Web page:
aid of 2,000 men, to arrive at Mobile and Pensacola by the middle of 
February at the latest. 

He shall tell him that this aid will be of no use unless it is accom- 
panied by provisions for another two months for the 3,000 men which 
we shall have in Mobile, as the English have withdrawn all the in- 
habitants, and if the troops lack these provisions, they cannot subsist, 
and some will have to return to this colony, and the others to Havana, 
without effecting the capture of Pensacola. 

He shall explain that, if we do not seize this place immediately, the 
conquest of Mobile will be useless because, as no other forces can be 
left there than the garrison of its fort, it is probable that the English 
will return to recapture it since they are close by while our forces are 

If Mobile is lost, this province runs a great risk because, if the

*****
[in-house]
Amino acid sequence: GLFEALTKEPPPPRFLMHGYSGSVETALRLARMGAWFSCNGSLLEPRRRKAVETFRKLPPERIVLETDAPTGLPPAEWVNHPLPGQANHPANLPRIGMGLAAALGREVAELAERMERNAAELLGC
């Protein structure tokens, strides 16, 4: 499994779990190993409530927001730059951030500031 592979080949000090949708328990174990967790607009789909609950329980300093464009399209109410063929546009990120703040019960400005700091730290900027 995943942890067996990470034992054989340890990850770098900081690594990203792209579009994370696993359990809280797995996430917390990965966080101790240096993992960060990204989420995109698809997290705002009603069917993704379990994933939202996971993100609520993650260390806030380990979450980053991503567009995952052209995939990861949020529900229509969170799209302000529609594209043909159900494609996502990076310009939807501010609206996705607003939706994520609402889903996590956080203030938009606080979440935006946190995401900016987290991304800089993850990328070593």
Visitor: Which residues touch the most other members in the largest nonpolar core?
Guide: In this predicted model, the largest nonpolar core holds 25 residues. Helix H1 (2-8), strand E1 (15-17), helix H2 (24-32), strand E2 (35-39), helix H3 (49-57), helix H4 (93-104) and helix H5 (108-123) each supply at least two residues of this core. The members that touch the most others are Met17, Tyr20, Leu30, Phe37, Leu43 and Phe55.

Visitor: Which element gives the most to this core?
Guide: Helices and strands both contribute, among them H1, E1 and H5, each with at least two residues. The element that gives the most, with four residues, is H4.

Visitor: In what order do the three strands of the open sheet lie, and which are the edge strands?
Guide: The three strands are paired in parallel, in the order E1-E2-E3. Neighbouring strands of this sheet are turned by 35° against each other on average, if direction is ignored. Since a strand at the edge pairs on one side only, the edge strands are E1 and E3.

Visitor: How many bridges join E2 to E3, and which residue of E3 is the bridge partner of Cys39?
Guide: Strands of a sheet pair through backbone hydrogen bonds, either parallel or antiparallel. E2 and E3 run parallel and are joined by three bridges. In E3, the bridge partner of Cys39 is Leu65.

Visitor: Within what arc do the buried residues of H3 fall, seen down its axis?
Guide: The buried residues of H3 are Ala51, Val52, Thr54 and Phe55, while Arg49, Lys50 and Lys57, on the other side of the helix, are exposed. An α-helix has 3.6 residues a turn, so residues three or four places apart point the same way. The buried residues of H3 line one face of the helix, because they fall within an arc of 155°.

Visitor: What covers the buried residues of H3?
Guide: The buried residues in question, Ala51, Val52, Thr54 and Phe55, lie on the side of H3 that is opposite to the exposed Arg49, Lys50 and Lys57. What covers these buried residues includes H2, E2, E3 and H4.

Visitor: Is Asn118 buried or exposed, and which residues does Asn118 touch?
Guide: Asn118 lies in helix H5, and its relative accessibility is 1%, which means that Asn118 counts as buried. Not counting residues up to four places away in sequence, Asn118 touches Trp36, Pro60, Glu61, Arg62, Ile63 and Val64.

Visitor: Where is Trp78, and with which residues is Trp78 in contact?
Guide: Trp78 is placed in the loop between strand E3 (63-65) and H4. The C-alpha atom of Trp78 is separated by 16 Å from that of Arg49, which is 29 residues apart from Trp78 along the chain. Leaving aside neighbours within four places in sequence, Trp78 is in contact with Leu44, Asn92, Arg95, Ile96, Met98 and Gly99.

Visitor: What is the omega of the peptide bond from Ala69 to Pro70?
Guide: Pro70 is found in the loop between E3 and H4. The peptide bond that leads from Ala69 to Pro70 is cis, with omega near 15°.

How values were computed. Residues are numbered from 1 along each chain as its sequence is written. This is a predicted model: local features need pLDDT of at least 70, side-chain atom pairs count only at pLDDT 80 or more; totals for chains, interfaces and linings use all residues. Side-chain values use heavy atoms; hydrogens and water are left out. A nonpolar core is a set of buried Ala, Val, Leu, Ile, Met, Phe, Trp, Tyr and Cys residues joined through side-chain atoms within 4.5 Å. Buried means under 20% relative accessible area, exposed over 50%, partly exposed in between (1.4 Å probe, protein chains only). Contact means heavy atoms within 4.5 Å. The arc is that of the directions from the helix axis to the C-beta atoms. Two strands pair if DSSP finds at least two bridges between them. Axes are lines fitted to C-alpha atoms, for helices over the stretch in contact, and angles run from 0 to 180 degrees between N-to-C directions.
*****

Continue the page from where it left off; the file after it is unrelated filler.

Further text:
Indians see us retreat one step backwards, they will turn coat, as 
they have done with the English, and they will move against this 
colony. This will result in trouble enough to cause its loss. 

If, despite these important considerations, this aid is denied be- 
cause the situation in Havana does not permit its being given, he shall 
advise me immediately of this impossibility so that I may take action 
in time. 

If such occurs, I should still be sent provisions, unless in Havana 
also there are not enough to keep them from starving. Then we shall 
both suffer the same fate together. 

If they absolutely refuse the aid of troops for the reason that they 
cannot complete the number of 2,000 men, he shall explain that 1,500 
will be acceptable, if that can be done, or even 1,300, if no other re- 
course remains. 

As they may also give as a reason for denying this aid the condi- 
tion that it must be with the greatest promptness, a somewhat longer 
time may be given, but on two other indispensable conditions : first, 
increasing provisions according to the delay, and second, giving